Everybody hates spam. Unwanted emails clutter up our inboxes and irritate the living daylights out of us. Business people cite unwanted email as one of their major problems—consuming precious time and eroding their efficiency. So it stands to reason that marketers would do well to simply walk away from this means of reaching customers.
There’s just one problem: The data still indicates that email has a powerful impact on consumers.
A report released by email marketing company ExactTarget on June 29, 2011 shows that email leads text messaging and Facebook as the top driver of mobile purchases among consumers. According to the results of their survey, 55 percent of respondents pointed to an email-marketing message as the impetus for a mobile purchase they’d made recently. In that same group, 41 percent claimed that text messaging influenced their buying decision and 35 percent said they were influenced by a Facebook message.
Before you shut down your Twitter and Facebook accounts, consider that 41 percent and 35 percent are pretty significant numbers. And those numbers will most likely continue to grow. However, it’s also much too early to walk away from email as a marketing tool. It can still be extremely effective—if it’s used properly. Here are a few tips to keep in mind that will help you use it effectively.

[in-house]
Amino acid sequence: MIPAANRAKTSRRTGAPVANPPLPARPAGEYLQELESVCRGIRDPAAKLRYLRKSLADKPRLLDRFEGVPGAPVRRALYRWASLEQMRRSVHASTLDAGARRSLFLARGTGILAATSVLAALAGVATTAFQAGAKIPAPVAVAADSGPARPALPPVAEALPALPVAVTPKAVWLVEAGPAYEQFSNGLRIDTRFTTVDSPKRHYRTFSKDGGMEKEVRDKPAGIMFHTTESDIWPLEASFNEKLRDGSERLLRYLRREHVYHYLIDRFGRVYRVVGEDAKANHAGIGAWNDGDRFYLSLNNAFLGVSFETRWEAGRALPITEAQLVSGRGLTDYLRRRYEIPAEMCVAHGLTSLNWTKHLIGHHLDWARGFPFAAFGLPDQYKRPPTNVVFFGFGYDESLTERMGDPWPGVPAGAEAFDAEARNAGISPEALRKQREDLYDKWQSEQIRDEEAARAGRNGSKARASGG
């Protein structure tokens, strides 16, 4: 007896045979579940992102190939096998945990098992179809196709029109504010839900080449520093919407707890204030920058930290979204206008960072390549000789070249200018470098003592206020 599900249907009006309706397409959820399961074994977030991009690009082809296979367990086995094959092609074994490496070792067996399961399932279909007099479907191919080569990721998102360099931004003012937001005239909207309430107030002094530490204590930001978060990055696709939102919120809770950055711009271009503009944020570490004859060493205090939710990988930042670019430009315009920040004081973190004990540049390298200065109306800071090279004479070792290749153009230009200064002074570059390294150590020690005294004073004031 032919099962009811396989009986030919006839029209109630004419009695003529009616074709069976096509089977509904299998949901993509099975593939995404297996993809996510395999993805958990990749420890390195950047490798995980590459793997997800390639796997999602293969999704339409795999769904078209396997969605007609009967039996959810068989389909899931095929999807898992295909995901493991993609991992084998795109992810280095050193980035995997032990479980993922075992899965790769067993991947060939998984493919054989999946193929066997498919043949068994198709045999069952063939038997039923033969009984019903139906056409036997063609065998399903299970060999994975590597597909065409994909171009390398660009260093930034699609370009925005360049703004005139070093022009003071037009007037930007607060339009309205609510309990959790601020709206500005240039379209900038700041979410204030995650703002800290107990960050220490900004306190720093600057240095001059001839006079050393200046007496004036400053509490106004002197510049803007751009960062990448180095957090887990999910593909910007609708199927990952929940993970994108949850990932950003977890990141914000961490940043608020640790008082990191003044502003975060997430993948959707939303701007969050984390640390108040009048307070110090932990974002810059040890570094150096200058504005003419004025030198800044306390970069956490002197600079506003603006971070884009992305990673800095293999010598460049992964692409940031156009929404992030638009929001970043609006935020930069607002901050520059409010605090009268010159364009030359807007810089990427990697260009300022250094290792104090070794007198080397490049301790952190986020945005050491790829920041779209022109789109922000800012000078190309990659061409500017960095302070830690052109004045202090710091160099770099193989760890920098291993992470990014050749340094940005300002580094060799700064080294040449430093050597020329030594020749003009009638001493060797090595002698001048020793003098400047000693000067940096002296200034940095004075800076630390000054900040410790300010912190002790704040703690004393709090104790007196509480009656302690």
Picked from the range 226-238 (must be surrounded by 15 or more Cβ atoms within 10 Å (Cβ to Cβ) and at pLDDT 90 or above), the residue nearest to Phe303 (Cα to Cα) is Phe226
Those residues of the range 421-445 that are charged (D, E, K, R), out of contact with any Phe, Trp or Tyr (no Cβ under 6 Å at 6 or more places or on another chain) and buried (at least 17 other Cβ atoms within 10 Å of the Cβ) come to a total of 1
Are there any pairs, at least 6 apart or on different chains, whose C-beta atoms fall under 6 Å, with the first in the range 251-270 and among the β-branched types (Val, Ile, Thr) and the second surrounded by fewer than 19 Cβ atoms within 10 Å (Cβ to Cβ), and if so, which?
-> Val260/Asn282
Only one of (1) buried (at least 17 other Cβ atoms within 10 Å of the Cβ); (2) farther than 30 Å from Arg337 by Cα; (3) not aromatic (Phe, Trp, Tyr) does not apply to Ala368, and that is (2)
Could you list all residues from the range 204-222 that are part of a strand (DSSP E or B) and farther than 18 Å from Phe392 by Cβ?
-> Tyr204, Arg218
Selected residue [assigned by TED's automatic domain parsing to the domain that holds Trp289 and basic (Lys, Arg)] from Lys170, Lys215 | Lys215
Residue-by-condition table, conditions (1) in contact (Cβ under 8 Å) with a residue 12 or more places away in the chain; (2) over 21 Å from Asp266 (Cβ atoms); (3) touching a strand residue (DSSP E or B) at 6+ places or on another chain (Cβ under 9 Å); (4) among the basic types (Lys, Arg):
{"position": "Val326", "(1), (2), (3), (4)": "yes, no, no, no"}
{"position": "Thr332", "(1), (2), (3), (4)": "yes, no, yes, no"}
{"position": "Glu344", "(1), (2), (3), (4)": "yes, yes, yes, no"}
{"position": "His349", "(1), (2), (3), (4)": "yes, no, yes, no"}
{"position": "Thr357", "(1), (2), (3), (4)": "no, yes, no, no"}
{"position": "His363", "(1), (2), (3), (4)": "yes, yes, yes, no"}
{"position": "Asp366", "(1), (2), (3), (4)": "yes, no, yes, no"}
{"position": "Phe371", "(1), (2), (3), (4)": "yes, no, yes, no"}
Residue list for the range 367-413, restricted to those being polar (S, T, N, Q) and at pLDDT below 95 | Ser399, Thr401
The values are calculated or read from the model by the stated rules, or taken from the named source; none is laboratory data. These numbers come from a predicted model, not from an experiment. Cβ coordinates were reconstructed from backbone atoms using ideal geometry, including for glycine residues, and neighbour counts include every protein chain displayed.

Be Selective: Email is still a very effective way to communicate with clients and customers you know. It’s an awful tool for reaching out to prospects who don’t know you. Only use it with clients who know you or who have requested information. Always give readers an unsubscribe option and act quickly if they unsubscribe.
Be Irresistible: Don’t waste your email describing your product. Tell readers what you are going to do for them. Solve a problem. Save them money. Make them an exclusive offer. Give them a good reason to read your email.
Be accessible: If you make an offer, make sure your email gives readers a way to respond. Embed a link that takes readers directly to a specific landing page that allows them to take you up on your offer. DON’T send them to your home page. You’ll lose them if you do. Give them what they came for.
Have an email success story (or horror story) you’d like to share?